A simple guide to Part Z, embodied carbon and timber construction

Many of Scotts Timber Engineering’s housebuilding clients are starting to ask questions about embodied carbon – what it is, why it’s important, and how timber construction can help. Here we try to answer the most frequently asked questions.

What is embodied carbon?

When we think about greenhouse gas emissions, we typically picture the emissions from factories and power plants, or the fumes from cars and lorries. Thankfully, there is now also growing awareness of the operational greenhouse gas emissions (often simplified to just ‘carbon emissions’) that arise from running our homes too.

What is less well understood is the hidden carbon impact of our buildings. The process of extracting and refining raw materials for construction products, transporting them, manufacturing those products, plus the construction process itself and the maintenance of a building, even its ultimate demolition or reuse, all give rise to significant amounts of carbon dioxide, a phenomenon known as ‘embodied carbon’. Every bit of a building has multiple components or processes full of embodied carbon.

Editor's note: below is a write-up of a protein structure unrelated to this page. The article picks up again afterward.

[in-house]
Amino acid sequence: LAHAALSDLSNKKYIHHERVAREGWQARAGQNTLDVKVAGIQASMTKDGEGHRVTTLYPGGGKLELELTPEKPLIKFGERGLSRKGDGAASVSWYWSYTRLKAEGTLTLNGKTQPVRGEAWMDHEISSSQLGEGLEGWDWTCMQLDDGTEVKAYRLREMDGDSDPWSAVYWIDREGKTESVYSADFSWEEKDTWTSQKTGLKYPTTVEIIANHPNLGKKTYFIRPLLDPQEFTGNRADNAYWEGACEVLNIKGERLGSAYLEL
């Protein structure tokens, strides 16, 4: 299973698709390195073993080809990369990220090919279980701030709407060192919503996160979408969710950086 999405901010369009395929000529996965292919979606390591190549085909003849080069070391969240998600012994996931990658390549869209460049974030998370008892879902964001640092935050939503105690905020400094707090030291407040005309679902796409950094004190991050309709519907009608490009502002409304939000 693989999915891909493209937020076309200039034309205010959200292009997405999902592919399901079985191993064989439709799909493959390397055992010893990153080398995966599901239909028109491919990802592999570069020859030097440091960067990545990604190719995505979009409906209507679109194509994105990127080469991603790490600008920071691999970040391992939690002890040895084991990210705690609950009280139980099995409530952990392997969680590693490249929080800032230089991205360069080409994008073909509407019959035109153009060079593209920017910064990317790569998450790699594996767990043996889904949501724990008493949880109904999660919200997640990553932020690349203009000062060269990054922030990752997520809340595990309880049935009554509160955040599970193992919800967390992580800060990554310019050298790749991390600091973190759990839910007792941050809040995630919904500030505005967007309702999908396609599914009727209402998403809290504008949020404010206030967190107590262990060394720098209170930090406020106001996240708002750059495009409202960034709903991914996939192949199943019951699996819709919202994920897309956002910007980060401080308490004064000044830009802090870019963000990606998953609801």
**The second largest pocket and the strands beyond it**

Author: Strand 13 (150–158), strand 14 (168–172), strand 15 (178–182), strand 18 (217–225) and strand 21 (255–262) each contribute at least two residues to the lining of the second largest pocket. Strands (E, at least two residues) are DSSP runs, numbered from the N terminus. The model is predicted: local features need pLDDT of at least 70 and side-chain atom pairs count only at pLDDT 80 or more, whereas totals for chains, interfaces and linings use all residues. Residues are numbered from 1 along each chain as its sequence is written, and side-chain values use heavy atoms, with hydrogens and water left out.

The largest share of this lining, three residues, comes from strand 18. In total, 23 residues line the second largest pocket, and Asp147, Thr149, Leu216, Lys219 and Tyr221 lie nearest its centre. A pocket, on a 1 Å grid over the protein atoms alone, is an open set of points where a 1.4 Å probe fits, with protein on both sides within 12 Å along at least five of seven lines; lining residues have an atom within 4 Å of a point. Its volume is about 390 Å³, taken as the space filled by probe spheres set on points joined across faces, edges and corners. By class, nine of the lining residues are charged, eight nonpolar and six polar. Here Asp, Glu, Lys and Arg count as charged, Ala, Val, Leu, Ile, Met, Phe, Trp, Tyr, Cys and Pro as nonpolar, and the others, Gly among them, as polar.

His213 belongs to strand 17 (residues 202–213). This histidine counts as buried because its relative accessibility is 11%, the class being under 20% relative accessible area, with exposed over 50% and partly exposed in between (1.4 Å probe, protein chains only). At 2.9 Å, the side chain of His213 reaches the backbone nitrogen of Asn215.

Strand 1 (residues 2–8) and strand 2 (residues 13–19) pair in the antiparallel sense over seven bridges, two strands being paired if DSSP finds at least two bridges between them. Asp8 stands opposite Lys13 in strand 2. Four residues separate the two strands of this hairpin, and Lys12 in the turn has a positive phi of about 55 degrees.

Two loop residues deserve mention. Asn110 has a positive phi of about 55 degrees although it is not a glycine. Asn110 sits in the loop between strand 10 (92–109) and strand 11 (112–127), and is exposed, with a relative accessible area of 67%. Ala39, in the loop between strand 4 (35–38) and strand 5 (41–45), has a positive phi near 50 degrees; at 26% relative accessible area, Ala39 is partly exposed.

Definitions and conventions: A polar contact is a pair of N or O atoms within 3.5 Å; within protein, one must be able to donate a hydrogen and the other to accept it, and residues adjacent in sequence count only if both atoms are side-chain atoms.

In fact, according to some estimates, embodied carbon accounts for as much as 60 percent of the total emissions of some building products. For example, the production of cement – a key ingredient in concrete – can generate almost a tonne of carbon dioxide for every tonne of cement produced.

Why does embodied carbon matter?

Embodied carbon is the carbon impact that most of us don’t get to see or influence. But as we continue to build more homes and the world continues to urbanise and build new infrastructure, it’s important to consider the embodied carbon of these projects. By using materials with a lower embodied carbon footprint, we can help reduce our overall emissions and slow the pace of climate change.

As the UK Green Building Council explains:

“Consideration of embodied carbon within the built environment at the initial design and construction stages, especially by the construction and property sectors, is necessary to achieve the required greenhouse gas reductions. The relative significance of embodied carbon is increasing, as both the grid decarbonises and operational emissions decrease due to increased energy efficiency.”